Type 1 diabetes mellitus
In the modern world, diabetes mellitus is one of the diseases that belong to the category of serious medical and social problems of a global scale, since it has a high prevalence rate, severe complications, and also requires significant financial costs for diagnostic and therapeutic procedures, which will be necessary. sick all his life. That is why the mass of forces and resources of the entire healthcare sector is aimed at a deeper study of the causes and mechanisms of the development of diabetes mellitus, as well as at finding new effective methods for preventing and combating it.
What is type 1 diabetes?
Diabetes mellitus is a chronic disease, a characteristic feature of which is a violation of metabolic processes, accompanied by hyperglycemia (an increase in blood glucose), which occurs as a result of a violation of the production of insulin by the endocrine gland (pancreas), or a violation of its action. Statistics show that the total number of patients with diabetes mellitus of all forms in the world currently exceeds 160 million people. New cases of morbidity are recorded so often that the number of patients doubles every decade. The most severe form of diabetes mellitus in terms of correction and possible complications is considered type 1 diabetes mellitus, the incidence of which ranges from 8-10% of all cases of the disease.
Type 1 diabetes mellitus is a disease of the endocrine system, which is characterized by an increased concentration of glucose in the blood, which develops due to destructive processes in specific cells of the pancreas that secrete the hormone insulin, as a result of which there is an absolute lack of insulin in the body. A high incidence of type 1 diabetes mellitus is noted in adolescent and adolescent children – 40 cases per 100,000 people. Previously, this form of diabetes mellitus was called insulin-dependent and juvenile diabetes mellitus.
There are two forms of type 1 diabetes mellitus : autoimmune and idiopathic.
Causes contributing to the development of type 1 diabetes mellitus
The development of the autoimmune form of type 1 diabetes mellitus often begins in childhood, but it can also be diagnosed in the elderly. This reveals autoantibodies (antibodies produced against the human body’s own antigens) to the structural components of β-cells – specific cells of the pancreas that produce insulin, namely, to their surface antigens, insulin, glutamate decarboxylase, etc. They are formed due to congenital or acquired loss of tolerance (insensitivity) to the own antigens of β-cells. As a result of this process, autoimmune decay of β-cells develops. In children, the process of decay of these cells is rapid, therefore, within a year after the onset of the pathological process, the secretion of insulin in the pancreas completely stops. In the body of adults, the process of cell destruction takes longer, so β-cells can secrete enough insulin for a long time to prevent the development of such a complication of diabetes mellitus as ketoacidosis. However, a decrease in insulin secretion is inevitable, and after a certain time its absolute deficiency develops.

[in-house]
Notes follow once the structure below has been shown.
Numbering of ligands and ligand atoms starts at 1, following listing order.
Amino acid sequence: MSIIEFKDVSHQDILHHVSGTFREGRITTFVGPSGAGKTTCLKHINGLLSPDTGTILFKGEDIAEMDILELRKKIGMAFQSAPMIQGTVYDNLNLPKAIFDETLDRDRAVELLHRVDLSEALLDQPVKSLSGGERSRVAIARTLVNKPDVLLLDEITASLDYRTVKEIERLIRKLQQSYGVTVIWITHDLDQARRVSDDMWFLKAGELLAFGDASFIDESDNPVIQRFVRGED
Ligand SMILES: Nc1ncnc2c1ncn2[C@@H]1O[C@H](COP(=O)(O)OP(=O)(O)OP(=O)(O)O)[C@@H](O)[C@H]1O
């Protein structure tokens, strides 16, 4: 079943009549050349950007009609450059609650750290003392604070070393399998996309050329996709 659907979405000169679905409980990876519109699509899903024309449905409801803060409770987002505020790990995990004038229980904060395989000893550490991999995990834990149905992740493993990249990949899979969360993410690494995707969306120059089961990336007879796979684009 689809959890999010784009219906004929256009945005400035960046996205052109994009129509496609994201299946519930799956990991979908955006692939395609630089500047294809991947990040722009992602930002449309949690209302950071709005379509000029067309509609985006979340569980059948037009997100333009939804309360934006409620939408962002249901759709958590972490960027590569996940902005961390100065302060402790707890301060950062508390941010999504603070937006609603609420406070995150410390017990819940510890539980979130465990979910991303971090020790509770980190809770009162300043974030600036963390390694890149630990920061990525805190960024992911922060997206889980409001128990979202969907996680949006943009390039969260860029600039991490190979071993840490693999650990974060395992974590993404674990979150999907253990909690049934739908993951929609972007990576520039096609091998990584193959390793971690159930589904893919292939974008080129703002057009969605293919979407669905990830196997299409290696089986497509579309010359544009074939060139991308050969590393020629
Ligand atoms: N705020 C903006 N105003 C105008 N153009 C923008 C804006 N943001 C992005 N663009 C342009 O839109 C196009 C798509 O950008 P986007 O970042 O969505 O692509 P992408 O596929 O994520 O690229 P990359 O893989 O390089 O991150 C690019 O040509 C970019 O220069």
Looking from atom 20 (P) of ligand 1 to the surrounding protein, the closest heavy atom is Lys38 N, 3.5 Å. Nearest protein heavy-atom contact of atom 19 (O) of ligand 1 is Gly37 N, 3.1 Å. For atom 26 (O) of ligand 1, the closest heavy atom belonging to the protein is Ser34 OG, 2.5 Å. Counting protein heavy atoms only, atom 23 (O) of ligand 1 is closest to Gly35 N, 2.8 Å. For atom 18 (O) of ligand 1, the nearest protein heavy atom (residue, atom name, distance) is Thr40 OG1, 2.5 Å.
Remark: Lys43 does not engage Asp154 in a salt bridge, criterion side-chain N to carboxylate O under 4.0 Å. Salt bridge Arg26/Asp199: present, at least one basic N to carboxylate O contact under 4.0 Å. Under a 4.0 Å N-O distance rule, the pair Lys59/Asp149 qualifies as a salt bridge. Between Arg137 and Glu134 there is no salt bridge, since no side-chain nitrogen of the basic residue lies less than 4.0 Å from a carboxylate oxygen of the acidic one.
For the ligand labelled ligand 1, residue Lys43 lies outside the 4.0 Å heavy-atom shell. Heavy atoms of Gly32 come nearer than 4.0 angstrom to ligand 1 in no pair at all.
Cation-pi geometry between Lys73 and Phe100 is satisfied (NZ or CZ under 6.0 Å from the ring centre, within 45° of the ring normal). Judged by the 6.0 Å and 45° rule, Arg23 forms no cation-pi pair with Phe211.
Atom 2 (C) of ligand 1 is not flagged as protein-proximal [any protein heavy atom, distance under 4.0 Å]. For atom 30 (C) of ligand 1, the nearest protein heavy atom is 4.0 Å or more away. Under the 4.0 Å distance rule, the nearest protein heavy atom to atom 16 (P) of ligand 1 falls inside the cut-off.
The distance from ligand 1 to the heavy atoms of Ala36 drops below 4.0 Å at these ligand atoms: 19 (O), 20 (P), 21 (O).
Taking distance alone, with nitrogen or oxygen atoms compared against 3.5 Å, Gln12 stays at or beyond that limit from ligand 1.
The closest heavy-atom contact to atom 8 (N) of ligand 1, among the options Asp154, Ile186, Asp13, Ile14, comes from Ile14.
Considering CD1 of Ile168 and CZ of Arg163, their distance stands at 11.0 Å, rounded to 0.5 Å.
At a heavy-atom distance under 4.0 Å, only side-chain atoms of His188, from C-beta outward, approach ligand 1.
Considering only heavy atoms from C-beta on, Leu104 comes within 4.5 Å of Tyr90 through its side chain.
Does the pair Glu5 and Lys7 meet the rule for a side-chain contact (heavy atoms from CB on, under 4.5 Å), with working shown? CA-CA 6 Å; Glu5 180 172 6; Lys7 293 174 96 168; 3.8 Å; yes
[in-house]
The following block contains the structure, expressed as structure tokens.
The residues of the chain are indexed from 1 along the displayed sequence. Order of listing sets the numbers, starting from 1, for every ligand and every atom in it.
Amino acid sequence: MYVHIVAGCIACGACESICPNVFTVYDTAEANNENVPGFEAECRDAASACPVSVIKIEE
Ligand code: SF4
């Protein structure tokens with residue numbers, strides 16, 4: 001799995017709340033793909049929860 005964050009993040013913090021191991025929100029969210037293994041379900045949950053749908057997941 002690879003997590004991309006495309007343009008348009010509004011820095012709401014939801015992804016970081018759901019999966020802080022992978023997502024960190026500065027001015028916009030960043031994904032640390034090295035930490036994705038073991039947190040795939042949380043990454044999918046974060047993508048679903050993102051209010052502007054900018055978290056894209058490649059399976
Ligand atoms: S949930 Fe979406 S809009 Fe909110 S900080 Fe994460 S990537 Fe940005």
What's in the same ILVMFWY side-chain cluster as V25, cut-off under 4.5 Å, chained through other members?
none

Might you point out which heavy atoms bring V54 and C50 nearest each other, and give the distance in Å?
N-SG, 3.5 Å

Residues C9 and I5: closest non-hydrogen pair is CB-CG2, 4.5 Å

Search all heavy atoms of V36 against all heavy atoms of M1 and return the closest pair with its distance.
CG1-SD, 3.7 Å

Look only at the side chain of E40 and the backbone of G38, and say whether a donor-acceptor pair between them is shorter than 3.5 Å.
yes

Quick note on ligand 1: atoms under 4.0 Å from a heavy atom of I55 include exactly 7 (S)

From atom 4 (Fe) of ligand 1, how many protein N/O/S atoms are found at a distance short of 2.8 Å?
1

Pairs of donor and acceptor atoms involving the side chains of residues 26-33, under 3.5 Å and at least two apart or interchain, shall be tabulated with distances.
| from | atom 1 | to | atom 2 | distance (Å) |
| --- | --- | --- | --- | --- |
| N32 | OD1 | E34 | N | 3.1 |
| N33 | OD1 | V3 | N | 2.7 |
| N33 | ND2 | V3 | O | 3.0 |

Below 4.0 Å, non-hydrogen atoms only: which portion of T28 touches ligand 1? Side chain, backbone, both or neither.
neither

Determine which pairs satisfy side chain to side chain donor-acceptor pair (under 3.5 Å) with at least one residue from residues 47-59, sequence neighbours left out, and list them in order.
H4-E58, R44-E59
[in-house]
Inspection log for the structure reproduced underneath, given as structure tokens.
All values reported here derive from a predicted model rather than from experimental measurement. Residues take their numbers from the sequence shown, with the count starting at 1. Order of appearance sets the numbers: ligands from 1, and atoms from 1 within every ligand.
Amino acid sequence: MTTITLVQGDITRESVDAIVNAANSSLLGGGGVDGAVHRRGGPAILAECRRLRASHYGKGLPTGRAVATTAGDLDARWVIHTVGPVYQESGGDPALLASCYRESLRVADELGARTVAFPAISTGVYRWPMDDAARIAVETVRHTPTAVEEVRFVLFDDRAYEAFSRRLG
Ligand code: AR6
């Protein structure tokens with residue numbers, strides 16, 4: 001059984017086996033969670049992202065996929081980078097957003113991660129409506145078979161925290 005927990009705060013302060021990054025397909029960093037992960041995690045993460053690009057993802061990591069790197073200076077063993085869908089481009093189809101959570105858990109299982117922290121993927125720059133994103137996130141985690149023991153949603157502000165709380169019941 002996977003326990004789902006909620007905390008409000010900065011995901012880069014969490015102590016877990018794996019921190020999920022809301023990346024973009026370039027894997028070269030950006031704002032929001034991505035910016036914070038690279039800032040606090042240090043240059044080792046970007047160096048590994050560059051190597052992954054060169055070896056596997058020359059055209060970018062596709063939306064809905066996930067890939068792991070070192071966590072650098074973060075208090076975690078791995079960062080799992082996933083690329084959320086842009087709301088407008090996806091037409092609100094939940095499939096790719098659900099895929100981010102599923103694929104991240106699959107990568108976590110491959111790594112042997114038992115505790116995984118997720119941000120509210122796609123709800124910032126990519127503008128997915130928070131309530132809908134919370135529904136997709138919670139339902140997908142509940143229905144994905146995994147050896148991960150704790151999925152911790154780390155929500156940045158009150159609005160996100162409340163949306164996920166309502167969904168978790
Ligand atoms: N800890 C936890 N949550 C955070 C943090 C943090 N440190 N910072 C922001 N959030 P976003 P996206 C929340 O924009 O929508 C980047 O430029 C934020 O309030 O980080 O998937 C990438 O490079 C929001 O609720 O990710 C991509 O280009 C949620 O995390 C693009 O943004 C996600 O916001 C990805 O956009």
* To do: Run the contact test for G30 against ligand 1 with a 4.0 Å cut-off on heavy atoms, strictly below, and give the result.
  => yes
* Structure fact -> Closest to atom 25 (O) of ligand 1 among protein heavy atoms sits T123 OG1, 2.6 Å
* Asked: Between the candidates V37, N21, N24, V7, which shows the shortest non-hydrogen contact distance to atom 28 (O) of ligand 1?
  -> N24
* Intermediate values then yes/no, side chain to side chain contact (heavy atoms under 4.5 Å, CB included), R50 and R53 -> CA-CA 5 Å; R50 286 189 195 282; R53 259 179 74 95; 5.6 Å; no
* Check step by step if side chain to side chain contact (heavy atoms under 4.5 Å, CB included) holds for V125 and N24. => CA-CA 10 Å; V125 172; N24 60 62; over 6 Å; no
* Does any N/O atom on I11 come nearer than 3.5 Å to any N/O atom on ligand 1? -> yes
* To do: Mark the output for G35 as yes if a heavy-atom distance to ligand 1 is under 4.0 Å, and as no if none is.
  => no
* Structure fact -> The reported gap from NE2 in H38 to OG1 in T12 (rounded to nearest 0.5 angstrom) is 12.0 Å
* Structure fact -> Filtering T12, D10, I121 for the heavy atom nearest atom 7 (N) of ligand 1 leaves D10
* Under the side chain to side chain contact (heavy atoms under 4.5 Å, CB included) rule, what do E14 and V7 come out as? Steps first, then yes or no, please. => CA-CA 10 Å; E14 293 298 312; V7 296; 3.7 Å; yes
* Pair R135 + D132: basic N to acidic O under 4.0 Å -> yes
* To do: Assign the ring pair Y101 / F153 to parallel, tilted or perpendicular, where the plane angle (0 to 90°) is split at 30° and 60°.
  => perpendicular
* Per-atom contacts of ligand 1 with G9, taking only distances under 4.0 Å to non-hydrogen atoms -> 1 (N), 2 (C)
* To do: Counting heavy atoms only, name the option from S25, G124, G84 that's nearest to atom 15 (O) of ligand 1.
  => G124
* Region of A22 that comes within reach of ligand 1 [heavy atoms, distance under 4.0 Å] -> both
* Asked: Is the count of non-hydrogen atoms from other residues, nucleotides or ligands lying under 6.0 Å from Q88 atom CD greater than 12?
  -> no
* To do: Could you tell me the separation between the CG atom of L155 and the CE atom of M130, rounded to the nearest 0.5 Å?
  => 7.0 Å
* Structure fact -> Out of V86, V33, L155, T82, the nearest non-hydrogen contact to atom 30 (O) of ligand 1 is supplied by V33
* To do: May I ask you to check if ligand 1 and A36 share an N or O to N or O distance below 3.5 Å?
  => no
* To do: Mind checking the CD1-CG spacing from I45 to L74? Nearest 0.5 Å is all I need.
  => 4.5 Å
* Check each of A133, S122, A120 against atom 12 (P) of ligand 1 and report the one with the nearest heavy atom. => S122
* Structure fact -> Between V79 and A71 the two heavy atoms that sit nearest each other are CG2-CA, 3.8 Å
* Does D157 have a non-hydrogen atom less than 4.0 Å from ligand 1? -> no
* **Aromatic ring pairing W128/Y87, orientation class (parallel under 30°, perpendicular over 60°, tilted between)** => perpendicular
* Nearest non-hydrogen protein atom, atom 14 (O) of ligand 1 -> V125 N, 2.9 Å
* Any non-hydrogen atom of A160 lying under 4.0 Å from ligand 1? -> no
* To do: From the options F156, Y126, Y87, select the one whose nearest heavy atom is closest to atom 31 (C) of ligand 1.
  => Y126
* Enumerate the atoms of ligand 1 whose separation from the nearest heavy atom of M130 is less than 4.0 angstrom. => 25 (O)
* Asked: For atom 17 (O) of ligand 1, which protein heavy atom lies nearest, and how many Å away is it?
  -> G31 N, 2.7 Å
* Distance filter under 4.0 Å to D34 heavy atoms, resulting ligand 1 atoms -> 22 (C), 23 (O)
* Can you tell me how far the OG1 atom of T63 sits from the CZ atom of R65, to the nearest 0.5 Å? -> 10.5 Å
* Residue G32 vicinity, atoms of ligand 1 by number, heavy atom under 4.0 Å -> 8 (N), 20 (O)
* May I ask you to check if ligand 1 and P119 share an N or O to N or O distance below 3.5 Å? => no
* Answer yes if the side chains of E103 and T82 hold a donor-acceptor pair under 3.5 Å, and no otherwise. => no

Predisposes to autoimmune breakdown of insulin-producing cells in the pancreas and a number of genetic factors. Type 1 diabetes mellitus is often diagnosed in combination with such autoimmune diseases as diffuse toxic goiter, autoimmune thyroiditis, Addison’s disease, vitiligo, and autoimmune syndrome complex.
Idiopathic type 1 diabetes is rare. At the same time, patients have no immunological and genetic factors for type 1 diabetes mellitus, but there are symptoms confirming the absolute deficiency of insulin.
The course of type 1 diabetes mellitus
Type 1 diabetes mellitus is characterized by a latency period, the duration of which can range from one year to several years. The development of the disease goes through several stages:
Stage 1. The presence of a genetic predisposition. If specific antigens of the HLA system are found in the blood , then the likelihood of developing type 1 diabetes mellitus increases significantly.
Stage 2. Estimated triggering factor. It can be agents of an infectious nature – enteroviruses, retroviruses, togaviruses, as well as non-infectious reasons – dietary features, psychoemotional stresses, exposure to chemicals, toxins and poisons, insolation (sun exposure), radiation, etc.
Stage 3. Violations of the immune system are noted – the appearance of autoantibodies to antigens of β-cells, insulin, tyrosine phosphatase – with a normal level of insulin in the blood. In this case, the first phase of insulin production is absent.
Stage 4. It is characterized by serious immune failures, namely, insulin secretion rapidly decreases due to the development of insulitis (inflammation in the islets of Langerhans pancreas containing cells that produce insulin), glucose resistance is impaired, while the blood sugar level remains within normal limits.
Stage 5. Severe clinical manifestations are typical for it, since three quarters of the β-cells are destroyed by this time. Only the residual secretion of C-peptide is preserved.
6 stage. Total death of β-cells. C-peptide is not detected, antibody titers are reduced. This stage is otherwise called total diabetes. The course of diabetes mellitus becomes uncontrollable, which threatens the development of severe complications – disseminated intravascular coagulation, edema of the cerebral cortex and the development of diabetic coma.
How does type 1 diabetes manifest?
Since clinical signs appear at a time when most of the β-cells of the pancreas are destroyed, the onset of the disease is always acute and may first manifest itself as a severe form of acidosis or diabetic coma . In children and adolescents, the onset of the disease is characterized by signs of ketoacidosis. Sometimes patients can clearly name the day when they noted the signs of the disease that appeared. Sometimes the onset of the disease may be preceded by a severe viral infection (influenza, mumps, rubella).
Patients may complain of dry mouth and thirst, caused by excessive excretion of fluid from the body by the kidneys, frequent urination, increased appetite along with an impressive loss of body weight (up to 10-15 kg per month), general weakness, and rapid fatigue. In addition, patients may complain of itching, pustular processes on the skin and nails, and blurred vision. On the part of the genital area, patients note a decrease in libido and potency. In the oral cavity, signs of periodontal disease, alveolar pyorrhea, gingivitis, stomatitis can be detected. carious damage to the teeth.